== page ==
The engravings on the back are much denser than on the front and deciphering them is more difficult. There is another horse, walking towards the left, and if we turn the pebble 180° we can make out two reindeer, superposed, looking to the left, their heads intertwined.

The horse

The engraving is less firmly made than on the front and the lines are much finer, making it difficult to make out. The animal is short and stocky. Its tail is clearly separated from its thigh. At the top of the short neck is a broad head, with the ear turned down. The mouth is open. The nostril is indicated, but there is no eye. The four limbs are not attached to the body and only two have hooves. The front right limb appears to have a cloven hoof, but this is more likely to be another version of the engraving, slightly further forward. There is a wound on the centre of the thorax.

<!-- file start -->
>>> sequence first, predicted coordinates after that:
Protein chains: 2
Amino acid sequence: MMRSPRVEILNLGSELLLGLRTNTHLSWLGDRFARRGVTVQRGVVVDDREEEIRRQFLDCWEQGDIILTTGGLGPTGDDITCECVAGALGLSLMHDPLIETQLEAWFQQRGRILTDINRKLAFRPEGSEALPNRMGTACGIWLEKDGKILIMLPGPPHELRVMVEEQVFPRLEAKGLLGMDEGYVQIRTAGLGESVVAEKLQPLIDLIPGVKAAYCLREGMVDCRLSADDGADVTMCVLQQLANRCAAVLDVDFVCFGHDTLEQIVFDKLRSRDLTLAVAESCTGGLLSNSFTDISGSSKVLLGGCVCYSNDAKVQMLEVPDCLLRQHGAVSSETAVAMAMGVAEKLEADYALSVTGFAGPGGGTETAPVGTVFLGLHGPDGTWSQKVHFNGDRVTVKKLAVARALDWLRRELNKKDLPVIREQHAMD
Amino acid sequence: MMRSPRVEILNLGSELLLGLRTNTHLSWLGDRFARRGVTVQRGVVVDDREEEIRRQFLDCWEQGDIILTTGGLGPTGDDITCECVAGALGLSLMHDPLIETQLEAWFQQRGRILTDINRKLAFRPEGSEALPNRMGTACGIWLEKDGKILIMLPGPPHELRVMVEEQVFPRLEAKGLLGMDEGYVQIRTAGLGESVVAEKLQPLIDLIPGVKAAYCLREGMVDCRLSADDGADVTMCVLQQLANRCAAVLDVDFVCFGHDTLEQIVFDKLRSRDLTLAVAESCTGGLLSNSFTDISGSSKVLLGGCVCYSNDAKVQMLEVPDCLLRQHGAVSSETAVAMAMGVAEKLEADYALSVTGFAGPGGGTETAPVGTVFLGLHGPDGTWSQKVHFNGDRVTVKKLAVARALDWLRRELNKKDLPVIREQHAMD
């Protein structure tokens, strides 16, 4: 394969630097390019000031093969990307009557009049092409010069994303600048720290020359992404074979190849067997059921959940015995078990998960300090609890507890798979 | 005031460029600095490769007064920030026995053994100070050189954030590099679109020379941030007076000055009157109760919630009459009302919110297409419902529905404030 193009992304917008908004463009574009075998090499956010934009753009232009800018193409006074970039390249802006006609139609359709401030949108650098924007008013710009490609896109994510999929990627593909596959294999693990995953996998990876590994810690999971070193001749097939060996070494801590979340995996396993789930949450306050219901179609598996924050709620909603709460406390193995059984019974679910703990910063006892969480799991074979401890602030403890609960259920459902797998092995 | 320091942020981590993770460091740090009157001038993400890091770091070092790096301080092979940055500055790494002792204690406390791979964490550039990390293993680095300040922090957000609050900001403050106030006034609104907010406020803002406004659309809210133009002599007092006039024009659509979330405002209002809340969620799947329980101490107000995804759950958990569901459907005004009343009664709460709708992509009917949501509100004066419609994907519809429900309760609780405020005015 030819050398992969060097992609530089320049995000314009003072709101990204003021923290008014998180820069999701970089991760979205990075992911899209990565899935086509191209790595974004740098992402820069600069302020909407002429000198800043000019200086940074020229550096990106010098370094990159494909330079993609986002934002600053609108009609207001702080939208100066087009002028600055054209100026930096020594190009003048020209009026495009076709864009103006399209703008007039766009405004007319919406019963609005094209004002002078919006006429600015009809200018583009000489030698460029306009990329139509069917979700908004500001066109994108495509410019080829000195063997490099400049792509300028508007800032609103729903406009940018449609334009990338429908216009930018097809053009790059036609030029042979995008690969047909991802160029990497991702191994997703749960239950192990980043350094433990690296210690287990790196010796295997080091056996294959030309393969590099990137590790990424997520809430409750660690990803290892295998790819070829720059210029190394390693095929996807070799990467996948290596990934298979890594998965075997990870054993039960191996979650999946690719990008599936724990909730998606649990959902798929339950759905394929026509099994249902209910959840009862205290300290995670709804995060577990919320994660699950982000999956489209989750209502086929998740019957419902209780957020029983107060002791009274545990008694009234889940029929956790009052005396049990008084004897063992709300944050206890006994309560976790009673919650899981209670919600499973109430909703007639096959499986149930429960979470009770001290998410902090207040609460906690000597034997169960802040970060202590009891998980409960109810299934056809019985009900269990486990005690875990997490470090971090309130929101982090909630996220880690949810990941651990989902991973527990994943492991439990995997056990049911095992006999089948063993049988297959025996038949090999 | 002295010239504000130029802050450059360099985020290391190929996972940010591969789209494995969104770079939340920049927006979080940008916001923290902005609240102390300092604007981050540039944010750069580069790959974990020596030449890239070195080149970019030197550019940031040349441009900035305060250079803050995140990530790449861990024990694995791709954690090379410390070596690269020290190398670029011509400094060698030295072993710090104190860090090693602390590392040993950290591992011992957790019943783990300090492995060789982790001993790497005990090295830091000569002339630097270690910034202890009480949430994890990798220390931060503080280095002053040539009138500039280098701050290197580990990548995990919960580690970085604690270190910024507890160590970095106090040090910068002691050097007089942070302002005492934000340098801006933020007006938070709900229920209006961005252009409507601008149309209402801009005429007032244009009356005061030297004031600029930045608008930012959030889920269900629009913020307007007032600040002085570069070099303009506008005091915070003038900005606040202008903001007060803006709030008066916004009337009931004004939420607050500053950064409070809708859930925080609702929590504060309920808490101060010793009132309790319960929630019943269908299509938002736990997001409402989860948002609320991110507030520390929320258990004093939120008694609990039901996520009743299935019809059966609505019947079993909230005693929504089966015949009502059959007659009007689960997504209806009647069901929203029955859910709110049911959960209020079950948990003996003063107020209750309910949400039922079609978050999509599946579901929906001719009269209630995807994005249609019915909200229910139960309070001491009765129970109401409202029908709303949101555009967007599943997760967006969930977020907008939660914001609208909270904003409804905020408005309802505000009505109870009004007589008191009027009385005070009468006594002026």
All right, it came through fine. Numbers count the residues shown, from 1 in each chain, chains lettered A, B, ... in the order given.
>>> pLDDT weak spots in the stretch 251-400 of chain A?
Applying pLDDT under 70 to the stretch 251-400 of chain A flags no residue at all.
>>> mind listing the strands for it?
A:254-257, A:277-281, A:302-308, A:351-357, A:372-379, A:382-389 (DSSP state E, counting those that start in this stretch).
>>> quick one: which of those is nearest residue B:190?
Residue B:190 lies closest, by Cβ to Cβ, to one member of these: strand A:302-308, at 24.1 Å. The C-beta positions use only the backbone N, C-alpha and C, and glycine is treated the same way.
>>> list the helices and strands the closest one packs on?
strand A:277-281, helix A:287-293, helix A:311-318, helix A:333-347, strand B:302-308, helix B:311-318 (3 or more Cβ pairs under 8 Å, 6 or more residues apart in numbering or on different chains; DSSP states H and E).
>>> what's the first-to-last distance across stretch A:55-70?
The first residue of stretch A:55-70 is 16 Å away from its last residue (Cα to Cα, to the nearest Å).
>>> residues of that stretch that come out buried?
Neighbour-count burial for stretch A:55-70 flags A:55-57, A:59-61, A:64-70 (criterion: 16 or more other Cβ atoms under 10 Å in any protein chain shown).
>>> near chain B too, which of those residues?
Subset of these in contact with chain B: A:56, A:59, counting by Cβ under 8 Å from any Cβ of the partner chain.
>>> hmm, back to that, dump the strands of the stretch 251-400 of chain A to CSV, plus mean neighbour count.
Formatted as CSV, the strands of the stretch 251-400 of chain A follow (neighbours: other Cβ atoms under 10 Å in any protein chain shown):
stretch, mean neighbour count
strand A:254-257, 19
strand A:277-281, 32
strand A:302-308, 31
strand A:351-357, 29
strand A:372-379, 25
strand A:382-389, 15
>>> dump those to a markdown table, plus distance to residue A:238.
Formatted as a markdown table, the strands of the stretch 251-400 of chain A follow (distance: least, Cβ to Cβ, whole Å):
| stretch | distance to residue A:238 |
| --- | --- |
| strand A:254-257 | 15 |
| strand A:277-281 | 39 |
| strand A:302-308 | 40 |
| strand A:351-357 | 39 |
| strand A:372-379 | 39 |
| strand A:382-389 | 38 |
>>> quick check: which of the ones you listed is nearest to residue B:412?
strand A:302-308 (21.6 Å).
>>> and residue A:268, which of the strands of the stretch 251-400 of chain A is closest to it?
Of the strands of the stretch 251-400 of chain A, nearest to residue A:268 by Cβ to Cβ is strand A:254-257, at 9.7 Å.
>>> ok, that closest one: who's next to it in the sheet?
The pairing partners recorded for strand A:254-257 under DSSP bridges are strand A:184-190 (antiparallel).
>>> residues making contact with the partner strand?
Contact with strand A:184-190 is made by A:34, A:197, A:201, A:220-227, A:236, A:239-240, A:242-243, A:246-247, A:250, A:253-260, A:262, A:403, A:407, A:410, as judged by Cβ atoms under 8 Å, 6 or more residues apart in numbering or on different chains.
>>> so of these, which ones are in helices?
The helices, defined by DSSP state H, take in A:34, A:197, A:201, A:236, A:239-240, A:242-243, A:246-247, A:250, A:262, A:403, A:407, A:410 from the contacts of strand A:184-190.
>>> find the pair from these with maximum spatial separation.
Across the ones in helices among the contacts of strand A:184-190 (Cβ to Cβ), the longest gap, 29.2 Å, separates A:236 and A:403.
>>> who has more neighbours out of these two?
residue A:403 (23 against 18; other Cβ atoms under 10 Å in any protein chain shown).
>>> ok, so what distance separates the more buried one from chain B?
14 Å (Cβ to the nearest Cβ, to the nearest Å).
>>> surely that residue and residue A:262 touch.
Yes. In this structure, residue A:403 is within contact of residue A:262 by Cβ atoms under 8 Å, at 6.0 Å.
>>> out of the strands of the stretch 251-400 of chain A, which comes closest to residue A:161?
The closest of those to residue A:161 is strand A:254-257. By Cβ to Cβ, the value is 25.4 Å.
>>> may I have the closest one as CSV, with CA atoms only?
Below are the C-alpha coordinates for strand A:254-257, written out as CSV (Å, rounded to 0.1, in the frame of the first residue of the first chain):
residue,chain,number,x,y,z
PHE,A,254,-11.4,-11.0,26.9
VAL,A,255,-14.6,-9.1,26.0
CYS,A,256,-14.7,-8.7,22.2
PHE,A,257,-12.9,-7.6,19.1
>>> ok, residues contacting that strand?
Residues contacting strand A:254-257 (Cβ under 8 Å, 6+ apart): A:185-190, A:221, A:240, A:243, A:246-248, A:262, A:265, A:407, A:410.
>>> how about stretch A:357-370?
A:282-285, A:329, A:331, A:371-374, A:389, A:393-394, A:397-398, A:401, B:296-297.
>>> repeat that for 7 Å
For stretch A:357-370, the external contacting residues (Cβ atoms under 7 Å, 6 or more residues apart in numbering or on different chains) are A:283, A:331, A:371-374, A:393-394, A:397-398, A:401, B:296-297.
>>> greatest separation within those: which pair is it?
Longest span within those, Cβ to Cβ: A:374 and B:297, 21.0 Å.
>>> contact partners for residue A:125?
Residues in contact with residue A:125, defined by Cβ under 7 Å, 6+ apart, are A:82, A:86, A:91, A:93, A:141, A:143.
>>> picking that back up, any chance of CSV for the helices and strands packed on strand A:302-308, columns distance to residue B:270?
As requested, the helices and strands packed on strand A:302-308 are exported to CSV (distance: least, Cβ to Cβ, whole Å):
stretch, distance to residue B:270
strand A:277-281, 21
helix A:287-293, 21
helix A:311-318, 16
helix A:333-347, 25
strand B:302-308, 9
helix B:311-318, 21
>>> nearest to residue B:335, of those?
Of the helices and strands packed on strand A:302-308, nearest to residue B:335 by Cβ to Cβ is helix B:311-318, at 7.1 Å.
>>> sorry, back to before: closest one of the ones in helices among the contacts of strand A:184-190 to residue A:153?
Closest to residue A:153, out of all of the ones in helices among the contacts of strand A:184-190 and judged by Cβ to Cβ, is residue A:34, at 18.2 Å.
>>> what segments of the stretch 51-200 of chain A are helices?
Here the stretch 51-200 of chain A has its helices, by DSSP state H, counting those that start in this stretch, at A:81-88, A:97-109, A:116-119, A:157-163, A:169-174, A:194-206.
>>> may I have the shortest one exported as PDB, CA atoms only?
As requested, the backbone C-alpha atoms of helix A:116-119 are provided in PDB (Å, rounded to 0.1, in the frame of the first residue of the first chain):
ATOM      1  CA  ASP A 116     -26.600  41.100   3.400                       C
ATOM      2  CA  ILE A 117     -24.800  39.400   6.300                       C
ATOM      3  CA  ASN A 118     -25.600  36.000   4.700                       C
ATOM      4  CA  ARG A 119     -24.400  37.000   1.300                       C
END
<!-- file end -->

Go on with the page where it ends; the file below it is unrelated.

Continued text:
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Copy of the back (with the horse the correct way round).

© doc. C. Fritz – G. Tosello

Copy of the horse on the back.

© doc. C. Fritz – G. Tosello

The reindeer

The left profiles of two cervids are superposed. First, we see a head, projected forwards and topped by sketchily indicated antlers. Then we see a fetlock and a brush of hair on the stomach. On the head, in unclear lines, there are two eyes and a double nose, as if a second cervid is hiding, a hypothesis that confirms the drawing of another body at an angle of 30 degrees to the previous one. The head is thrown back in a dynamic posture. The sketchy antlers, the same for both heads, have a large tine which suggests a webbed extremity, a detail which identifies the animals as reindeer.

1: The back (with the reindeer the correct way round).
2: The two reindeer.
3 and 4: Suggested reading of each reindeer (the same antlers)

© doc. C. Fritz – G. Tosello

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